The COVID-19 pandemic almost overnight changed the working practices of millions of people around the world. For many people with office jobs, working from home has become routine, while those who have continued in their workplace have had to follow new working practices and procedures aimed at preventing the transmission of infection.
Everyone returning to offices, schools, universities and public areas such as hotels, restaurants and shops will be nervous about becoming infected when they come into closer contact with other people in public areas.
Keeping a minimum distance apart, however, is not enough to prevent contaminated respiratory particles transferring from infected people to others. There is now overwhelming evidence that infection by airborne particles is more important than was thought at the beginning of the pandemic. Research on aerosols has shown that respiratory particles can travel farther and remain airborne for much longer than previously thought.
This means air hygiene is a crucial factor in protecting people indoors and should be included in the package of measures businesses take to prevent transmission of COVID-19 – air, surface and hand hygiene. This includes ensuring there is adequate ventilation and the use of air purifiers with HEPA filters.
It is also important for employees’ wellbeing to see that their air quality is being improved. In an international survey of office workers commissioned by Rentokil Initial in March 2020, over two-thirds of survey respondents said they would feel cared for by their employer if indoor air quality was being monitored or regulated.
Respiratory infections such as COVID-19 and tuberculosis are mainly transmitted by virus-containing respiratory particles. These have often been classified by researchers into droplets (>5–15μm) and aerosols (<5–15μm) – arbitrary and overlapping classifications used to differentiate particles that quickly fall to the ground and the lighter ones that can float in the air for long periods.
The majority of droplets fall out of the air in seconds within 1–2m from the infected person. They are sprayed like tiny pellets onto surfaces and people. Guidelines from WHO and governments still recommend keeping these distances in places where people interact and that social distancing, surface and hand hygiene are required to help prevent cross-contamination from these larger droplets.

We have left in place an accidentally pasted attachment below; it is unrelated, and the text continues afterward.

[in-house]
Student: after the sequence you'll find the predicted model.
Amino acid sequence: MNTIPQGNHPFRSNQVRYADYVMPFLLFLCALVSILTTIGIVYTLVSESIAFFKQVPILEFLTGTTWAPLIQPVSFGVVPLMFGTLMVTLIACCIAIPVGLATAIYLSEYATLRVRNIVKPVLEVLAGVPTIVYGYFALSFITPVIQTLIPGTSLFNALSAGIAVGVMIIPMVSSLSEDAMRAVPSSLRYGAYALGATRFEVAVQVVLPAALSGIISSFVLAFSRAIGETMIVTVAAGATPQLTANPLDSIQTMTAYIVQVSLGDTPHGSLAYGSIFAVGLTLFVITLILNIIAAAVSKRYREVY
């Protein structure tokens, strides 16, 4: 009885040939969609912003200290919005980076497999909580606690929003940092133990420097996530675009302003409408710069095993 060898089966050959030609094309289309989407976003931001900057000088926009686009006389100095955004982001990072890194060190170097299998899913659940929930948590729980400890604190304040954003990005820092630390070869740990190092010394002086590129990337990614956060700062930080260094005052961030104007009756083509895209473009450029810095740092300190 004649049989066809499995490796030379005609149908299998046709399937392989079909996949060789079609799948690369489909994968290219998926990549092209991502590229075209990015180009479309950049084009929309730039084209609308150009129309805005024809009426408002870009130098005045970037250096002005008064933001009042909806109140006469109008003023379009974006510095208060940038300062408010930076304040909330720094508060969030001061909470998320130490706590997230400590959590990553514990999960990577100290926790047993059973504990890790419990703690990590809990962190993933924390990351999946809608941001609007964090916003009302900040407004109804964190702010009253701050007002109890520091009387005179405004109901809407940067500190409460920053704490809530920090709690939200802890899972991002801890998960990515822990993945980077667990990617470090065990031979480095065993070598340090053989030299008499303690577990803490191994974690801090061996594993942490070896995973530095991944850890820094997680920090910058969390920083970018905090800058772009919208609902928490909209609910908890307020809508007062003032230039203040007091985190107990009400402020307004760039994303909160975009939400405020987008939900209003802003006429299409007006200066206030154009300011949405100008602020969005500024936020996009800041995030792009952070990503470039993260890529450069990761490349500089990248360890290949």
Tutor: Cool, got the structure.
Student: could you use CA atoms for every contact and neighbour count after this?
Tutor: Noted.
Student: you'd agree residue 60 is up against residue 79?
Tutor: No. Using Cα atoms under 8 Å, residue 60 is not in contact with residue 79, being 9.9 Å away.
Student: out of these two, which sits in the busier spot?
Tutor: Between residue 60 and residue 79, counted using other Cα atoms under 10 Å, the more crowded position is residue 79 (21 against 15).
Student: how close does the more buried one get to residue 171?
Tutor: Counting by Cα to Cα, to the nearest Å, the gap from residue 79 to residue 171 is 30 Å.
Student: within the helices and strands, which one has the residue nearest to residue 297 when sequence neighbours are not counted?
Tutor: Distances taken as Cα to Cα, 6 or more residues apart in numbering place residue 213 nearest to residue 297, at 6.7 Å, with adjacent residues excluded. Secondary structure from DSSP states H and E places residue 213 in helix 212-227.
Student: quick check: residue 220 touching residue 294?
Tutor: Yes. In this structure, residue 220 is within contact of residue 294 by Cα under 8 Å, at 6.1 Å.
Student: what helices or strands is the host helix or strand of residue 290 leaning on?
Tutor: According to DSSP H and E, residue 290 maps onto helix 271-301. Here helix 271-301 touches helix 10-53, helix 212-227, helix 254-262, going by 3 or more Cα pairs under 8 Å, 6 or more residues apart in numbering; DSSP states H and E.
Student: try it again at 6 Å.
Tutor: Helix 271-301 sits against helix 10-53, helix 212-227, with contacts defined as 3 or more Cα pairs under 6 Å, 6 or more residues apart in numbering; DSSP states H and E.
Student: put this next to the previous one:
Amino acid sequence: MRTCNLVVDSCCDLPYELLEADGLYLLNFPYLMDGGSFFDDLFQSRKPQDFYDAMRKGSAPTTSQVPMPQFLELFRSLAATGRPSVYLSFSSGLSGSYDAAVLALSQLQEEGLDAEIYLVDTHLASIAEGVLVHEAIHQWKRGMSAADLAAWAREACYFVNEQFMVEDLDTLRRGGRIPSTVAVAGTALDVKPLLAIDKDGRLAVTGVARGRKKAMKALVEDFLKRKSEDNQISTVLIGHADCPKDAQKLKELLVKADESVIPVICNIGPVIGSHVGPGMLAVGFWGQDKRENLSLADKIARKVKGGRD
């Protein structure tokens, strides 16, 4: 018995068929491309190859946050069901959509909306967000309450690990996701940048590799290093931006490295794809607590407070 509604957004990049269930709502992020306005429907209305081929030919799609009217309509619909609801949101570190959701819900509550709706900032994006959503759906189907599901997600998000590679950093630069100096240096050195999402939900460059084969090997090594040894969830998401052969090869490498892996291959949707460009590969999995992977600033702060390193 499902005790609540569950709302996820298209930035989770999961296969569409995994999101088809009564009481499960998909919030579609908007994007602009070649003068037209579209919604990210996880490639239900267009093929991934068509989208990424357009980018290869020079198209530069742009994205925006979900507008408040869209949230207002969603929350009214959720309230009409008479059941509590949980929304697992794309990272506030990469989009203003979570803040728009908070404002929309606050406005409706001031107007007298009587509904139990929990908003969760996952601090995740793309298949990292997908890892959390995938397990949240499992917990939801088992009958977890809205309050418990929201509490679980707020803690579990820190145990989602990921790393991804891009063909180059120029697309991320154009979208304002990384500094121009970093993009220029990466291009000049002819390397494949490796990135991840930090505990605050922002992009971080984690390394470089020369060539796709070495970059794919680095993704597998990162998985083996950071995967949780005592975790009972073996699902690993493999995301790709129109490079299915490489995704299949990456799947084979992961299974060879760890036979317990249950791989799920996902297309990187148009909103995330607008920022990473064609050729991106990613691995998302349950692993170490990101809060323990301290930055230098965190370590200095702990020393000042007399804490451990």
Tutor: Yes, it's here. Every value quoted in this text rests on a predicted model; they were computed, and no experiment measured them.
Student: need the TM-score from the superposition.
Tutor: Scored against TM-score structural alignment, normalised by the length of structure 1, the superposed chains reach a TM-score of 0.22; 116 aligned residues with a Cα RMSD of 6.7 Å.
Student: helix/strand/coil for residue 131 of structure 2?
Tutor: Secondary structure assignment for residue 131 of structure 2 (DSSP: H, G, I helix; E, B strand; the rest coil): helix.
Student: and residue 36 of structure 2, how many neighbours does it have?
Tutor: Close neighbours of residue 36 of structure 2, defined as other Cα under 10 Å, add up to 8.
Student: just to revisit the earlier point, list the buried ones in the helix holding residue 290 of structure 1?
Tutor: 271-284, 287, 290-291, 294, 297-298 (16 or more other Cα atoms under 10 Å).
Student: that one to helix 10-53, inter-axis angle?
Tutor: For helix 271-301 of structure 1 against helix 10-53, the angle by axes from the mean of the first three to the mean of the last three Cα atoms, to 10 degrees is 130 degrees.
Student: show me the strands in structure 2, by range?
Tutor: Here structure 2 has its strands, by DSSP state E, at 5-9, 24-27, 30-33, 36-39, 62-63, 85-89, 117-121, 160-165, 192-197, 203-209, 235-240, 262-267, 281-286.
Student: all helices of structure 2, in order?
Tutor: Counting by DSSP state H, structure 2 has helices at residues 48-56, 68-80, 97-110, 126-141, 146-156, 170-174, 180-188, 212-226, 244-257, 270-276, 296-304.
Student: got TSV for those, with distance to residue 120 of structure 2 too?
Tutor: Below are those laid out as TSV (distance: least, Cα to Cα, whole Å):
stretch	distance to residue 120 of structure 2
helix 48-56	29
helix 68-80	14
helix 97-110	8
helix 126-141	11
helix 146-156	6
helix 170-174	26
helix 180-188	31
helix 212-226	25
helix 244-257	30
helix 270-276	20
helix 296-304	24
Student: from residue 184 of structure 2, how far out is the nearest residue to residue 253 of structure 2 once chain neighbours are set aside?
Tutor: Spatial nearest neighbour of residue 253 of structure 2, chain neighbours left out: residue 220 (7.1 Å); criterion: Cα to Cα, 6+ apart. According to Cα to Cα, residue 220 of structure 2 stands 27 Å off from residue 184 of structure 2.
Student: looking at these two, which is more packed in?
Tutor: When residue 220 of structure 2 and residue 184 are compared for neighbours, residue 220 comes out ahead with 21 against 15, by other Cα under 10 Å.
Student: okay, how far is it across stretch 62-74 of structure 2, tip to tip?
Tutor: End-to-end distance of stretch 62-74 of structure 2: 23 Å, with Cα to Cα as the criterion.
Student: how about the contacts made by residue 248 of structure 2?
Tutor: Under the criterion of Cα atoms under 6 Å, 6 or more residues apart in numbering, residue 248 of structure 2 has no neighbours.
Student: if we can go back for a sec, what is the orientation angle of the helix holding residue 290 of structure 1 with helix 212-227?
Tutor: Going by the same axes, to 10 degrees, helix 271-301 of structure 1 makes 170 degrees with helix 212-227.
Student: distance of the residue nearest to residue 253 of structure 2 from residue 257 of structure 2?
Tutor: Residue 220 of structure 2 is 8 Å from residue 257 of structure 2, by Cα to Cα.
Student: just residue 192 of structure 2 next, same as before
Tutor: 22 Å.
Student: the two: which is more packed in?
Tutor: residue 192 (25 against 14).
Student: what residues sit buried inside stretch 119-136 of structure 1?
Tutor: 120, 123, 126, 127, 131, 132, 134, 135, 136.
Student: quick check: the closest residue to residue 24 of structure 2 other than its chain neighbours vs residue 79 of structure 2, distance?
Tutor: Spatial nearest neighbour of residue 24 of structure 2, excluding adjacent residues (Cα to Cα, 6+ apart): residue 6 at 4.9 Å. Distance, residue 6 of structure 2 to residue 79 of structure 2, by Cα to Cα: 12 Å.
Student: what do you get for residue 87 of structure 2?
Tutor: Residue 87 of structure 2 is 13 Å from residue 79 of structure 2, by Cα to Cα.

The recommendations for social distancing, however, are based on a 1930s model of droplet transmission and the distance the droplets travel. Scientists who study and model gas clouds have shown that a large proportion of the transmission of COVID-19 is caused by airborne transmission via aerosols. Particles in a continuum of sizes are exhaled from infected people during breathing, talking, coughing, sneezing, singing and shouting.
The traditional size classifications are now known to be erroneous. Particles up to 100μm can remain suspended in the air for hours and be inhaled, which makes this size a better distinction between droplets and aerosols. The smaller particles (<10μm) can be inhaled deep into the lungs.
Both the droplets (>100 μm) and aerosol particles are composed of mucus and saliva made airborne by the air passing over infected tissues throughout the respiratory system, from the inner lungs up to the nose and mouth. Virus particles are carried in these droplets and aerosol particles.
A study of the stability of SARS-CoV-2 virus particles in aerosols found that they remain viable for several hours. This makes it essential that businesses consider this means of transmission when implementing safety measures in their workplace. But how can businesses offer their staff protection from the lighter aerosols that are floating in the air and can build up in a room with poor ventilation?
The social distancing guidelines also don’t consider the physics of aerosols that are exhaled as turbulent gas clouds and have a complex behaviour. A gas cloud traps and carries with it clusters of droplets and aerosol particles with a continuum of sizes. The warm and moist conditions in the cloud, together with the turbulence, allow the droplets of all sizes to remain airborne for longer and travel several metres farther (7–8m) than the social distancing guidelines.
A proportion fall out as the cloud travels, while others shrink as they evaporate and can float in the air for hours, following the air flow in the room. The faster and more turbulent the cloud – such as from a cough or sneeze – the farther all the particles travel.
In many work environments, there’s no way to bring in fresh air, so the most practical way for businesses to remove aerosols from the air is with air purification using filters.